Story of flag
As so often occurs in relating stories, the history behind the flag from Mount Union cemetery is interlaced with threads of truth and with those strands from listeners' inferences. In the retelling, some of the facts are there, yet those added suppositions have appeared woven among the truths.
The flag flew first over our United States Capitol on Nov. 29, 2005 — flown in celebration of my father, Douglas Wearne Windom. He was a good man. The flag and its history were a gift of love given to Dad in recognition of his genuine character and for his living so honorably throughout his life.
Dad was a World War II veteran. After graduating from Shedd High School as valedictorian — his grades were a bit better than his classmate's grades — and those two young men constituted the entire senior class that year. Dad was drafted after high school and served in the Philippines and in Japan. Shortly after his invasion orders were cut, the war ended.
"Up Home" at Mom and Dad's house on Whiskey Butte, east of Sweet Home, Dad flew a clean, bright flag each day for several decades. It was his quiet way of showing his pride at having served in the military, and in being a citizen of our country.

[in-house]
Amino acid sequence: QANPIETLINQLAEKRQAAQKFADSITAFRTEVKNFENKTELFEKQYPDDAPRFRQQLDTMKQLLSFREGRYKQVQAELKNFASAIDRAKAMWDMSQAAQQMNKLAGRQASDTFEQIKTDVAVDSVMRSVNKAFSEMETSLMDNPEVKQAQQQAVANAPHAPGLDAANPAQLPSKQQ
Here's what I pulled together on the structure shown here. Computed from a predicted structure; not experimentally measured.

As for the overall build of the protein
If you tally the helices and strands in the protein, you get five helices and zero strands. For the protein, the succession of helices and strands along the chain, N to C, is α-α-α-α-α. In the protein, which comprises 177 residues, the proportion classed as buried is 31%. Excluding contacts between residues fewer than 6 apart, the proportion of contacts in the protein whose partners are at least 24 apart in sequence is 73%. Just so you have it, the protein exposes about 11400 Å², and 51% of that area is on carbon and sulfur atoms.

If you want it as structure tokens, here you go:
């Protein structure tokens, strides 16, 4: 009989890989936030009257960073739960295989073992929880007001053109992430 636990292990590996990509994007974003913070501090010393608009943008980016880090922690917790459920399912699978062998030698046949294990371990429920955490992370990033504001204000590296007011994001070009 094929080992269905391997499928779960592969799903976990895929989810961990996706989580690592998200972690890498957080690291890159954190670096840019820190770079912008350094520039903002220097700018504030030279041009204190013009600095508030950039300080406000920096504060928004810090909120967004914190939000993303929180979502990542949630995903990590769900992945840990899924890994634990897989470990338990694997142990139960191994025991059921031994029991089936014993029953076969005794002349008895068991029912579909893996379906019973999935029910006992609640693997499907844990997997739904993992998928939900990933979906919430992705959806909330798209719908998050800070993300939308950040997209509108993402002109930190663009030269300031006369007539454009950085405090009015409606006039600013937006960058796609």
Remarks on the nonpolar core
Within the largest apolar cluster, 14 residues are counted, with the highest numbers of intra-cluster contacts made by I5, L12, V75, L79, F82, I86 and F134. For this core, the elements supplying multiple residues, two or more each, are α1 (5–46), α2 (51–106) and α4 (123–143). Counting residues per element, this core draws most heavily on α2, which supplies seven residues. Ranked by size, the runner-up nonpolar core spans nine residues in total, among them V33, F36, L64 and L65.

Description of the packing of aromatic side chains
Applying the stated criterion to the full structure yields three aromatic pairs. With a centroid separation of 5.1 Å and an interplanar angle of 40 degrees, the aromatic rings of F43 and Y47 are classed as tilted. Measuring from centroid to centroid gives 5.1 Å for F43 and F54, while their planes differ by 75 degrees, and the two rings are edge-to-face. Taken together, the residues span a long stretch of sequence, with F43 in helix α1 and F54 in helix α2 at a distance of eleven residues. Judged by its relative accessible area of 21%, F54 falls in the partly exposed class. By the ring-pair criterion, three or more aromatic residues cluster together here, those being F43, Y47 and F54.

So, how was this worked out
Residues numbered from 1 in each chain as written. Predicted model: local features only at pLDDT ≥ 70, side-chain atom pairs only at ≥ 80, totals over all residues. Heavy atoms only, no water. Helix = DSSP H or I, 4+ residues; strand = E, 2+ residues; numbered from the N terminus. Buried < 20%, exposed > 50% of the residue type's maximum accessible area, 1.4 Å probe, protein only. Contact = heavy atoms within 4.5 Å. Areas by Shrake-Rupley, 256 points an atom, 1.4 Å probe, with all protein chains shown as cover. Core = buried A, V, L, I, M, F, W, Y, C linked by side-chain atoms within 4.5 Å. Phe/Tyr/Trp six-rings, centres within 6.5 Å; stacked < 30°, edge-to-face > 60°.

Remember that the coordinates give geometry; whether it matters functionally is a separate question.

Douglas died in August of 2006. The funeral was not a military one, though his nephew and Vietnam veteran, Ron Reed, did recognize Dad's military service. With formality, he presented Clara, Mom, with a flag. Dad would have been pleased at that. Family and lifetime friends filled the church, overflowed it, that day. Dad is still much loved and held dearly in many hearts.
So now, Dad's flag that flew over the Capitol in 2005 and over Mount Union cemetery for the past year, has again come back to me. It is at its best today. The once vibrant colors are quite faded. While hanging on windless days, the sun bleached subtle streaks in the blue. With the flag unfurled, these soft rays fan diagonally down across the blue, as if the stars have tails in a beautiful burst. The red stripes are pink, but the whites still glow. Each stripe ends torn and ragged from snapping in the winds.
I am thankful to the Scouts. Evident in the photograph is their solemnity and reverence in honoring those who have died for our country. They were told the flag flew with the spirit of a U.S. soldier killed in Vietnam. Though not true in this singular aspect, that flag they are touching does symbolize all who have died for us — a million spirits contained in such a small symbol.
I am grateful to those scouts, to all of them for their ceremony in lowering and folding Dad's flag. They offered their emotion and respect for others they will never know. Those young fellows' gifts now make Dad's flag perfect.